Among the different identified filamentary structures, the large-scale (80 pc) filament seen as a chain of infrared dark clouds (IRDC) known as “Nessie” was first reported by Jackson et al. (2010). Follow-up observations of Nessie in a CO emission line have revealed that it is potentially part of a larger 430 pc structure in the position-position-velocity (PPV) space lying close to the physical Galactic mid-plane (Goodman et al. 2014). The latter suggests that the Nessie IRDC may be a dense “spine” or “bone” of a section of the Scutum-Centaurus Arm. Since then, the existence of many more large-scale massive filaments has been discerned. Their lengths are tens to hundreds of parsecs with masses of up to the order of 106 M. These filaments might be formed by large-scale phenomena such as galactic shear, shock in spiral arms, and supernova (SN) feedback (e.g., Smith et al. 2014, 2020; Li et al. 2022; Duarte-Cabral & Dobbs 2016). Several systematic studies of large-scale filaments have been conducted in the past (Ragan et al. 2014; Wang et al. 2015, 2016; Abreu-Vicente et al. 2016; Zucker et al. 2015; Colombo et al. 2021; Ge & Wang 2022). The filaments have been identified in across variety of wavelengths, from the near-infrared, mid-infrared, far-infrared to the submillimeter. Most of these filaments have been detected in Galactic plane unbiased surveys, but they are usually broken into smaller structures by the finding algorithms of those studies (e.g., Schisano et al. 2014, 2020; Koch & Rosolowsky 2015; Li et al. 2016; Mattern et al. 2018). The first identifications of such large-scale filaments were done mostly by eye (Ragan et al. 2014; Wang et al. 2015; Zucker et al. 2015; Abreu-Vicente et al. 2016), but more recently, more automated approaches have recently been developed. For instance, Wang et al. (2016), Ge & Wang (2022) adopted the minimum spanning tree (MST) to automatically identify filaments by “chaining” dense parsec-scale clumps. Colombo et al. (2021) used a dendrogram analysis (Rosolowsky et al. 2008) to isolate coherent structures and then consider long elongated “trunks” of the dendrogram as large-scale filaments. Zucker et al. (2018) analyzed the properties of large-scale filaments in the inner Galaxy from different surveys homogeneously and classified them into sub-samples that may indicate different formation mechanisms or histories. Zhang et al. (2019) also studied large-scale filaments homogeneously, focusing on star-forming content and found that the star formation rate (SFR) surface density and the star formation efficiency (SFE) in large-scale filaments are similar to what is found in molecular clouds in general. In addition to filament catalogs, there are also studies based on individual large-scale filaments such as Orion (e.g., Johnstone & Bally 1999), Taurus L1495 filament (e.g., Schmalzl et al. 2010), Musca filament (e.g., Cox et al. 2016), and other large-scale filamentary clouds or IRDCs (e.g., Battersby et al. 2014; Wang et al. 2014; Du et al. 2017; Sokolov et al. 2017, Sokolov et al. 2018, 2019; Liu et al. 2018; Watkins et al. 2019; Tang et al. 2019; Lin et al. 2020; Guo et al. 2022; Veena et al. 2021; Clarke et al. 2023; Chen et al. 2023).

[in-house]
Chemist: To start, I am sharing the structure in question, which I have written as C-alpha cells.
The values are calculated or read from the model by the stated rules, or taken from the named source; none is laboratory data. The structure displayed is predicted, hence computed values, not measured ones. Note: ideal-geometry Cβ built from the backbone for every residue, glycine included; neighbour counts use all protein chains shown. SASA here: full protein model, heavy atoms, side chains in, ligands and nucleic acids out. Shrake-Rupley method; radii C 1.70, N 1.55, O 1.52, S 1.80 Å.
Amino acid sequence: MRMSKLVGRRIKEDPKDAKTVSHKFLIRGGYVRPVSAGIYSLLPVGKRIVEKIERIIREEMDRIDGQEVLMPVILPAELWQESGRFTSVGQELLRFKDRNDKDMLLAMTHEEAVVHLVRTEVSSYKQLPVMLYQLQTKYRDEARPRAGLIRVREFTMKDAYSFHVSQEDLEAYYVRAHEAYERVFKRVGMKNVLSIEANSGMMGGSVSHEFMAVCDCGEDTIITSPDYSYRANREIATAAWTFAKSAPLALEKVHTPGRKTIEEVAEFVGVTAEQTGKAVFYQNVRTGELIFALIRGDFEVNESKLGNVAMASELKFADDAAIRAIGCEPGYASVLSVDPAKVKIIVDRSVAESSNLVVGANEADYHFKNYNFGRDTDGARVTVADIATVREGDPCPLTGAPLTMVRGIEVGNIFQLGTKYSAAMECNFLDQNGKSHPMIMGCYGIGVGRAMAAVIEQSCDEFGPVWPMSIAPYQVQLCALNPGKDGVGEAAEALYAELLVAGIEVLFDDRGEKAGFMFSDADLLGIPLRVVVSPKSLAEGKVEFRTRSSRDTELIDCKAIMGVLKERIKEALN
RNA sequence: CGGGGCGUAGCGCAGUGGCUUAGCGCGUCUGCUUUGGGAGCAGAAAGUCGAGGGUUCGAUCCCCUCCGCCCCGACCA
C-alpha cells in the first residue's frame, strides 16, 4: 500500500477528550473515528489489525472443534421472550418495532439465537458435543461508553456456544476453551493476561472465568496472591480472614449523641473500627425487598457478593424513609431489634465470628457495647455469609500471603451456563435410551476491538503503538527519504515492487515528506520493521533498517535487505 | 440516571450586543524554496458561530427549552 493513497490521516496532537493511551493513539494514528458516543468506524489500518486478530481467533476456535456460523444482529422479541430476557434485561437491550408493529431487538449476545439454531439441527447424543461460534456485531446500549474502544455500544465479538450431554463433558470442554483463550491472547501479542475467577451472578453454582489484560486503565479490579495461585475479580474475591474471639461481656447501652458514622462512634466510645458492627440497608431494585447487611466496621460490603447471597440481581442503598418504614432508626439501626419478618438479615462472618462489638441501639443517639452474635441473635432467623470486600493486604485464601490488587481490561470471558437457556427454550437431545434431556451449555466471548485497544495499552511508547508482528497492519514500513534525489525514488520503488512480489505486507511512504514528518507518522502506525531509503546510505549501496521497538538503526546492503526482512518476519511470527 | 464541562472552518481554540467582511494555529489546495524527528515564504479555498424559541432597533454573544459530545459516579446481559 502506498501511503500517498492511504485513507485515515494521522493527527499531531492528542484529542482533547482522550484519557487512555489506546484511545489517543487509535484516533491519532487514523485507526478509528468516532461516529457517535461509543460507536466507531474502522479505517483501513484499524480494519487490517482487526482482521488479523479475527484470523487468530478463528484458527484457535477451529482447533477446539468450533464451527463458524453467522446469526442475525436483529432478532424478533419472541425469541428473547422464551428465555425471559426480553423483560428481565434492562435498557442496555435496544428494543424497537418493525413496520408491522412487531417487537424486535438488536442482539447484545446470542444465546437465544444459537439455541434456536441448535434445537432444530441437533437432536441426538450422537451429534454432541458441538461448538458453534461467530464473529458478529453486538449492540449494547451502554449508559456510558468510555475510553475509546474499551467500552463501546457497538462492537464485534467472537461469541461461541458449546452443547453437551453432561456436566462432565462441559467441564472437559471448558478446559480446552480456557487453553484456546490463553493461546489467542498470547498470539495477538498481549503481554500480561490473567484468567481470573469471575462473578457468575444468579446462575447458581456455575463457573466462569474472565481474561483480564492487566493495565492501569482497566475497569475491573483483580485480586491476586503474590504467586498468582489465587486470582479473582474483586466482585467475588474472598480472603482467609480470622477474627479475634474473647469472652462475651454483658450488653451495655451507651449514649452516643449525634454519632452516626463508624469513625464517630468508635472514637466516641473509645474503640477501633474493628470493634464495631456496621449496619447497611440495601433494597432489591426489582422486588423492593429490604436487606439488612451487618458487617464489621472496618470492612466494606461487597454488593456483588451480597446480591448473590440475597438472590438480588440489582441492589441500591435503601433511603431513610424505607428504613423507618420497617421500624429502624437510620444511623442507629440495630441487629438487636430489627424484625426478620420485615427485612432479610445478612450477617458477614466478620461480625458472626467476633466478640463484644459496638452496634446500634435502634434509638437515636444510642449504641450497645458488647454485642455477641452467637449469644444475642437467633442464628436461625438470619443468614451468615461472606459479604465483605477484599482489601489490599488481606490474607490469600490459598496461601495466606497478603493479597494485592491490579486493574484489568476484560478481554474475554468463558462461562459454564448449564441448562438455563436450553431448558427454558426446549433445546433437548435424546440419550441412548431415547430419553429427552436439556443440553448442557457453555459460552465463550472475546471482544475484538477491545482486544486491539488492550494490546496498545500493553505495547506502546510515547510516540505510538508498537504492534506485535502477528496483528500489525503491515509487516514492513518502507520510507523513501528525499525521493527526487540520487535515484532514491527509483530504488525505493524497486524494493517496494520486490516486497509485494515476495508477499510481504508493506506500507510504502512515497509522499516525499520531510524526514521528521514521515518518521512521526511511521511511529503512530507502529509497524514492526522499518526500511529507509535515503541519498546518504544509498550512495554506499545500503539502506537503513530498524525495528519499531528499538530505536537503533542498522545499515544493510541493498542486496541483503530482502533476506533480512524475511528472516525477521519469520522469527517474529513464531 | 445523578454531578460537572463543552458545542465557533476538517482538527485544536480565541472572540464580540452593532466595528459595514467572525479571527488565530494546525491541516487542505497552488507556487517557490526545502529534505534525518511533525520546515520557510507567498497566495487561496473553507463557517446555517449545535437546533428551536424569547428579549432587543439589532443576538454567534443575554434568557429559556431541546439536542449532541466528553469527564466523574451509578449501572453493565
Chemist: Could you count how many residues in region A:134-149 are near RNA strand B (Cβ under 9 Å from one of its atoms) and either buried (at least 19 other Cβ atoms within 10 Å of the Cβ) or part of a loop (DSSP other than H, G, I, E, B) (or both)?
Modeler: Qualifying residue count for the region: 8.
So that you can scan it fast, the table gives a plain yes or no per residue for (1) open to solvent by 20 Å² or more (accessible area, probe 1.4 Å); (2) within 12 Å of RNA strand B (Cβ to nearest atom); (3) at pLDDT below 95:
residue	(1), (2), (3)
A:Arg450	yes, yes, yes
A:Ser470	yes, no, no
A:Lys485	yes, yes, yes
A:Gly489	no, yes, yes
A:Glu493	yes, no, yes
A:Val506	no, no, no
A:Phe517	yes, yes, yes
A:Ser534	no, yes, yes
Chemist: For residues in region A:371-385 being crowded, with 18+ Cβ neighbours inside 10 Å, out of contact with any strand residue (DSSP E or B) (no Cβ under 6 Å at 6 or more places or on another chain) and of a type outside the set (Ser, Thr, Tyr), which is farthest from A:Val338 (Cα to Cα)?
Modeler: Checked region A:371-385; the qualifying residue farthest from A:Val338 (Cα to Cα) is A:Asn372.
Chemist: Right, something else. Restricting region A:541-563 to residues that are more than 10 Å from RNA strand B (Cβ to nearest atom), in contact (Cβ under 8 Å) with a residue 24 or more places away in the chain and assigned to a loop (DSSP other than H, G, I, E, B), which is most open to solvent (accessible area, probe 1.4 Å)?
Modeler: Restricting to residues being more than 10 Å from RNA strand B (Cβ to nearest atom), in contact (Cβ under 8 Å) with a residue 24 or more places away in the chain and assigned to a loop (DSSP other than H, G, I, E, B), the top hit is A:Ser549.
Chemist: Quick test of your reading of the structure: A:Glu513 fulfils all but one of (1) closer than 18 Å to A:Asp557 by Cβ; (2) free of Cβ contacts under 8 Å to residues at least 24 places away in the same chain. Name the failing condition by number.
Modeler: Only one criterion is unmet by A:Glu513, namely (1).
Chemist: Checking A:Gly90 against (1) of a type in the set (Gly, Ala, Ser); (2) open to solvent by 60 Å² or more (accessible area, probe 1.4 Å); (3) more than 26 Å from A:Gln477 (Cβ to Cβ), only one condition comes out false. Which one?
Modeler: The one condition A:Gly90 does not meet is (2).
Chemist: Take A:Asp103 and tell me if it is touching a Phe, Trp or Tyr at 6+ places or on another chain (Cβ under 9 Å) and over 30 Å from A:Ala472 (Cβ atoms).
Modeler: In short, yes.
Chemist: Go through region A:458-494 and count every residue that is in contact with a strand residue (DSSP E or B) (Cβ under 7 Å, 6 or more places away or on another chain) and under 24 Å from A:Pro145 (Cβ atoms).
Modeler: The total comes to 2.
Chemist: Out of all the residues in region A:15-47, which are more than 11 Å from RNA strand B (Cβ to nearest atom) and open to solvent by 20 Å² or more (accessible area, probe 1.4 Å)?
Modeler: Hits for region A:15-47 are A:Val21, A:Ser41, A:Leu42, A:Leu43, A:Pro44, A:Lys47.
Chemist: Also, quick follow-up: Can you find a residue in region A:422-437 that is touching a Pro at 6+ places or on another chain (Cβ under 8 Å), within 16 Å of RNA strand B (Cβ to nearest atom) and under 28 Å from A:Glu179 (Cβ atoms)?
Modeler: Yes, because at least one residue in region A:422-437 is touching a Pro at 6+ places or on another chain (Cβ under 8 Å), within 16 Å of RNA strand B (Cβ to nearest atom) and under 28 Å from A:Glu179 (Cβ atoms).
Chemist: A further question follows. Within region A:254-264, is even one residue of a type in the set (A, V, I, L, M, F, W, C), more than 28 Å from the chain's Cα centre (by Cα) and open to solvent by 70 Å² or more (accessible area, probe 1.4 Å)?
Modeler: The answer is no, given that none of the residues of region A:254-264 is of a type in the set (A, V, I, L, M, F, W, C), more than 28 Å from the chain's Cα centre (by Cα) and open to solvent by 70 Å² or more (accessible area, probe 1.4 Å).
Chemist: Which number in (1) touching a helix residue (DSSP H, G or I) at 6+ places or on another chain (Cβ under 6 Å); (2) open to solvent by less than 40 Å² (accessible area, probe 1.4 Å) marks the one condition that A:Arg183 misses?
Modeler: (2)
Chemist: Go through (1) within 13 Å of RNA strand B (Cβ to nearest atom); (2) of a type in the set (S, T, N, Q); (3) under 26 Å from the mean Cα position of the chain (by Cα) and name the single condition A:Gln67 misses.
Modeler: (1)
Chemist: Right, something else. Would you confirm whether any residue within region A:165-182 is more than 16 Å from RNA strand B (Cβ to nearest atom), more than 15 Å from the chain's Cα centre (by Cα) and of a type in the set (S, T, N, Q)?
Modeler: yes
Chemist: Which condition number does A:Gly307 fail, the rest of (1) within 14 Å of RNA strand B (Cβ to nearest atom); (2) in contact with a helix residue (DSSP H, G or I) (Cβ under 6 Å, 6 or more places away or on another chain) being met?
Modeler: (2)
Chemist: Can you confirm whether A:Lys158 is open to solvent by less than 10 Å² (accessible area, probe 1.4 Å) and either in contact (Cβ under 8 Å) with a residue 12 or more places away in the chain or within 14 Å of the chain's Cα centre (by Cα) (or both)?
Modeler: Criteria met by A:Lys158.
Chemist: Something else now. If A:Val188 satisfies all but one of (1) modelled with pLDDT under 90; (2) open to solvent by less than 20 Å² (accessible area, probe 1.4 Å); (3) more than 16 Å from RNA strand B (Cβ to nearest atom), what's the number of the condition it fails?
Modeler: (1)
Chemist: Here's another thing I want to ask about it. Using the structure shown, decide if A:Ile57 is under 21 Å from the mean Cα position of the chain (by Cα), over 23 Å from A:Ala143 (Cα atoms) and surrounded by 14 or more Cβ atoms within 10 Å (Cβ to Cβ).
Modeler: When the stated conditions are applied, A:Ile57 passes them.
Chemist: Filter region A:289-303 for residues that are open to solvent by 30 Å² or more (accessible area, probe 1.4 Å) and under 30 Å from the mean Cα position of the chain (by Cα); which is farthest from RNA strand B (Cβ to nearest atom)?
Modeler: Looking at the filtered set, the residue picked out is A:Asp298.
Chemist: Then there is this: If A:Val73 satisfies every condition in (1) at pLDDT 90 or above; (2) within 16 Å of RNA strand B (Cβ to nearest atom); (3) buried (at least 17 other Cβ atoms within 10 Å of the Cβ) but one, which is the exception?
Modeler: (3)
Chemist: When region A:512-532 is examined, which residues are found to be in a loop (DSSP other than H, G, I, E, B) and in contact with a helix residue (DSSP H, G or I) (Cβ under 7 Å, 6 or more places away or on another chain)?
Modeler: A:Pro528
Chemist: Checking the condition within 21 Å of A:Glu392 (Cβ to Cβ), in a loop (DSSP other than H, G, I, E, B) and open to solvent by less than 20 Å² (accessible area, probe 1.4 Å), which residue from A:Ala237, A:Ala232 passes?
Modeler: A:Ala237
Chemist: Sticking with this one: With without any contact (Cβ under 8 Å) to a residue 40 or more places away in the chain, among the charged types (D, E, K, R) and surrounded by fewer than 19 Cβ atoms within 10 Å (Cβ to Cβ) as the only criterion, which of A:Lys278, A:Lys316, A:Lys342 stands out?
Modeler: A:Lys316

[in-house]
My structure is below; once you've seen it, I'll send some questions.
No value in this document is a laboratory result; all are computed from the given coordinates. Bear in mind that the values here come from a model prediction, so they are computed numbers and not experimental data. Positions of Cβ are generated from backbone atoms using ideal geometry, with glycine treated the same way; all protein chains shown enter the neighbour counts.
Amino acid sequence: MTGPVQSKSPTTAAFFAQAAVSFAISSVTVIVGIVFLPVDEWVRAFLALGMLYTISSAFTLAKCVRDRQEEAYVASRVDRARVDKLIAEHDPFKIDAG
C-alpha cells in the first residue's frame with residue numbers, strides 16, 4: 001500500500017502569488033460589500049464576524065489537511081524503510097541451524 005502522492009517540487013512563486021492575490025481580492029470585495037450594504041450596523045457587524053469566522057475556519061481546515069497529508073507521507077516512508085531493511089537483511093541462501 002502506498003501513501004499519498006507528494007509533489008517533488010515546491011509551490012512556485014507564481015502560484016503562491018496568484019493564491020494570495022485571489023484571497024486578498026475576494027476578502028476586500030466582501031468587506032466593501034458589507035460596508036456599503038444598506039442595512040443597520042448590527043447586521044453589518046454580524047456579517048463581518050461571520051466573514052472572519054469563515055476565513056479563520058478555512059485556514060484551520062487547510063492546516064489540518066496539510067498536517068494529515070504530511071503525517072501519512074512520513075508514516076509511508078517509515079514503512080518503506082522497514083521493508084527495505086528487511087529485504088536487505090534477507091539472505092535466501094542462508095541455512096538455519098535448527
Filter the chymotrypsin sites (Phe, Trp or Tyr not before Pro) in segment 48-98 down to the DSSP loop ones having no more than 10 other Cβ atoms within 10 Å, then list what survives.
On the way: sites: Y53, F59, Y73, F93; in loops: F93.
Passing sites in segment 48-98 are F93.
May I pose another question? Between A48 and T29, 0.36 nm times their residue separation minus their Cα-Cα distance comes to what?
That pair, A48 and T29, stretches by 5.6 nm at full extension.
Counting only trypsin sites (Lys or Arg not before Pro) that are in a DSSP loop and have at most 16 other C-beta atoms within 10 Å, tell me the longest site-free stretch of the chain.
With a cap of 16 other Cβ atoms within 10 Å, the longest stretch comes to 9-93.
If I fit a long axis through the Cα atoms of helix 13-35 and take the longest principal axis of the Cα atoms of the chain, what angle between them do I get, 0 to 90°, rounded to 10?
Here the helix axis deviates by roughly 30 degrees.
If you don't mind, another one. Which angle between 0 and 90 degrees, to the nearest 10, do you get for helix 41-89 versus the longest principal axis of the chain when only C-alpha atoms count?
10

Star formation takes place in dense regions of molecular clouds known as clumps. The fraction of dense gas in the molecular clouds has been linked to the SFR (e.g., Lada et al. 2012). This fraction is often referred to as the dense gas mass fraction (DGMF) or clump formation efficiency (CFE). The DGMF does not show any specific correlation with the total cloud mass, and the lack of dense gas will cause inefficiency of star formation (Battisti & Heyer 2014). Eden et al. (2013) found that the CFE of molecular clouds in the Milky Way shows no difference between the inter-arm and spiral-arm regions. They further inferred that outside the Galactic center region, Galactic-scale structures do not play a significant role in the formation of dense, potentially star-forming structures within molecular clouds. In contrast, Torii et al. (2019) found that the molecular clouds within spiral arms have a higher fraction of dense gas than inter-arm clouds. For filaments, from the study of 163 large-scale filaments, Ge & Wang (2022) found that DGMF in the spiral arms has no significant distinction from inter-arm filaments. Zhang et al. (2019) also found that star formation activity per gas mass in spiral arm and inter-arm environments are similar. However, some other studies have found that the DGMFs of filaments in spiral arms are higher than those of inter-arm ones (Ragan et al. 2014; Abreu-Vicente et al. 2016). These authors suggest that star-formation activity in large-scale filaments depends on their location with respect to the spiral arms. We note that these results are derived based on small numbers of filaments (9 and 16) and should be taken with caution, as pointed out by the authors (Ragan et al. 2014; Abreu-Vicente et al. 2016). The DGMFs of large-scale filaments are also found to have similar values compared to those in nearby galaxies (Wang et al. 2020b).